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Old   March 19, 2015, 06:47
Default Choice of method and verification of results
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Hi

I am trying to determine which program would be best to use for simulating a centrifugal compressor-diffuser assembly.
(if a discussion on this has already been covered – I failed to find it – please post a link to it)
I want to determine volume flow and exhaust temperature at given pressure ratio (and given rotational frequency). Blade tip speed is less than Mach 2.

So far I am familiar with SolidWorks flow simulation and Ansys CFX, but am unsure of how to asses accuracy of the results. Is there a good practice for this – without having to have any physical tests for comparison? Indeed my main question is: how do I know whether to trust the simulation results or not?
Of course cross comparison of simulations results with hand calculations (or semi-numerical approximations) is a good reference point, but hand calculations are inaccurate when the compressors geometry becomes overly complex.
If possible I would at least like to obtain volume flow with a max of 20% error.

Any advice you can give me is greatly appreciated.

Thank you for your time.
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Old   March 19, 2015, 12:16
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Without experimental data there is no waw to know how accurate your model is. There are a number of things you can do to make sure the model is appropriate. Such as keeping your mesh quality metrics in-line (cell quality, skewness, volume change, etc..). You should also make sure that your y+ values are appropriate for the turbulence model and wall functions you are using. If you keep these thing where they need to be and your physical repsresntation is appropriate (donmain is large enough, boundary conditions are appropriate) then you should be fine.

If you are worried about accuracy, Solidworks isn't the tool to use. It's nice or easy analysis or quick conceptual trade studies but lacks some very fundamental stuff. I am not even sure if you can do rotating machiner with Solidworks. I have installed and hardley ever use it because it can be so finiky and slow.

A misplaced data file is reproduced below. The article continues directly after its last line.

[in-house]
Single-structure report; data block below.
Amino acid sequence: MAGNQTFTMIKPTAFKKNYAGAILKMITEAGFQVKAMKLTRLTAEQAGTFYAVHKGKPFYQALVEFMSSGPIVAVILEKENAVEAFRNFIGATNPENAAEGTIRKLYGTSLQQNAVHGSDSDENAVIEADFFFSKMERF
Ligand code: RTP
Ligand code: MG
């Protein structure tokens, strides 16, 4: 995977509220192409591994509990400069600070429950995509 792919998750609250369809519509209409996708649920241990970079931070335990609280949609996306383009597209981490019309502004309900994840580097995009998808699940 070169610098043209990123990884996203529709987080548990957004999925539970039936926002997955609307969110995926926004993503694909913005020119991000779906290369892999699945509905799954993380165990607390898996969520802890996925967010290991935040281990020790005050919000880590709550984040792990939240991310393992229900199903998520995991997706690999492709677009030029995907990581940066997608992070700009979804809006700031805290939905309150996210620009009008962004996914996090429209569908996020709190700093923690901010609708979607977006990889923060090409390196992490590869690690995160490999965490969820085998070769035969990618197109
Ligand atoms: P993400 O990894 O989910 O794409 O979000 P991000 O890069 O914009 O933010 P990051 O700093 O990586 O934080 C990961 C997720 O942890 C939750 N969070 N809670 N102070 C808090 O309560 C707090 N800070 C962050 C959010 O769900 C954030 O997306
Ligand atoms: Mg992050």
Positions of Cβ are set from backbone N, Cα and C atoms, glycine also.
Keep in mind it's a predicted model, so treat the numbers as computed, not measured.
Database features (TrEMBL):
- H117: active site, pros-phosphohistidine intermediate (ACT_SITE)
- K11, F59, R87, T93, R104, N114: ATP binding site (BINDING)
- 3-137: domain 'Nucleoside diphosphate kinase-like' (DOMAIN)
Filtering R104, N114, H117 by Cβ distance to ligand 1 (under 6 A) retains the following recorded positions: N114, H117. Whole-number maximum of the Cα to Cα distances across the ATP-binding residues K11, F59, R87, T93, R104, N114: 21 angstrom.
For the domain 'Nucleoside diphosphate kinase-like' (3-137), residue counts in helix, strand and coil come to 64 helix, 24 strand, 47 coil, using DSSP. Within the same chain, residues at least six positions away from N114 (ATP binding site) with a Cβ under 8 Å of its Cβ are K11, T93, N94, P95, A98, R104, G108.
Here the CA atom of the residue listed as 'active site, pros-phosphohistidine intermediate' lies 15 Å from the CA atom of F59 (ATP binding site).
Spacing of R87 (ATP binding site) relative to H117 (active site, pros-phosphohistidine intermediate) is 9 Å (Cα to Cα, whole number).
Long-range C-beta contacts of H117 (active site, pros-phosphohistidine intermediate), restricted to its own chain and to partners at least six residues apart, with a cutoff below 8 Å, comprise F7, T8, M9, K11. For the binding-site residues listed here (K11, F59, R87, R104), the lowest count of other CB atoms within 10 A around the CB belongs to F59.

That being said, an error of 20% in flow rate is fairly generous. You shouldn't have much trouble getting there. I use Star-CCM+ regularly and typically see errors less than 10% for flow rates and pressures that interest me, usually much less than 10%.
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Old   March 19, 2015, 12:17
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This of course assumes that your enginering quantities and residuals all converge.
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Old   March 19, 2015, 14:46
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Thank you for your reply.

I will compare current simulation results and my semi-numerical results with Star-CCM+ (as soon as I learn it sufficiently).

SolidWorks is simple and intuitive – to a point – and it gives very good results in subsonic cases. In those results I do not doubt as I can verify them, but for turbo-machinery (it is doable by using a rotating region) I have – so far – no comparison studies. Thus I don’t know whether to trust it.
Well, as I see it, solidworks just requires a bit more attention to the mesh around problematic areas, but it can resolve many issues by itself. It might be a bit slow at times – it depends on the conditions in the simulation – but it’s very stabile (a few years ago I had a lot of stability issues with Ansys, though that might have been due to my lack of knowledge). Also I find it ideal for modeling (but not for 2-D drawing).
But, as I said, regarding simulations accuracy and adequacy I can only speak for subsonic simulations.

Having an error of less than 10% would be most beneficial. I was going with 20% as a safety factor, because I only have a lower limit and no upper limit, thus I figured if I surpass the lower limit for 20% I’m on the safe side.

How accurate is, by your experience, Star-CCM+ with torque estimation?

I am much obliged for your information.
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Old   March 19, 2015, 15:24
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Solidworks, compared to Ansys, star-ccm and others, is very rudamentary. Their mesh options aren't the best and they don't have any options for turbulence models. It's a good preliminary design code, but I wouldn't try to quantify anything with it. The reason Ansys was unstable is probably due to mesh problems, 9 times out 10 anyway. Solidworks isn't smart enough to have those problems, not sure that makes it better.

Star-ccm is generally recongnized as one of the most accurate industry level codes available. Although, for the most part your body forces and moments are going to be really driven by model setup, approach, mesh, physics more than some magic quality of the software.
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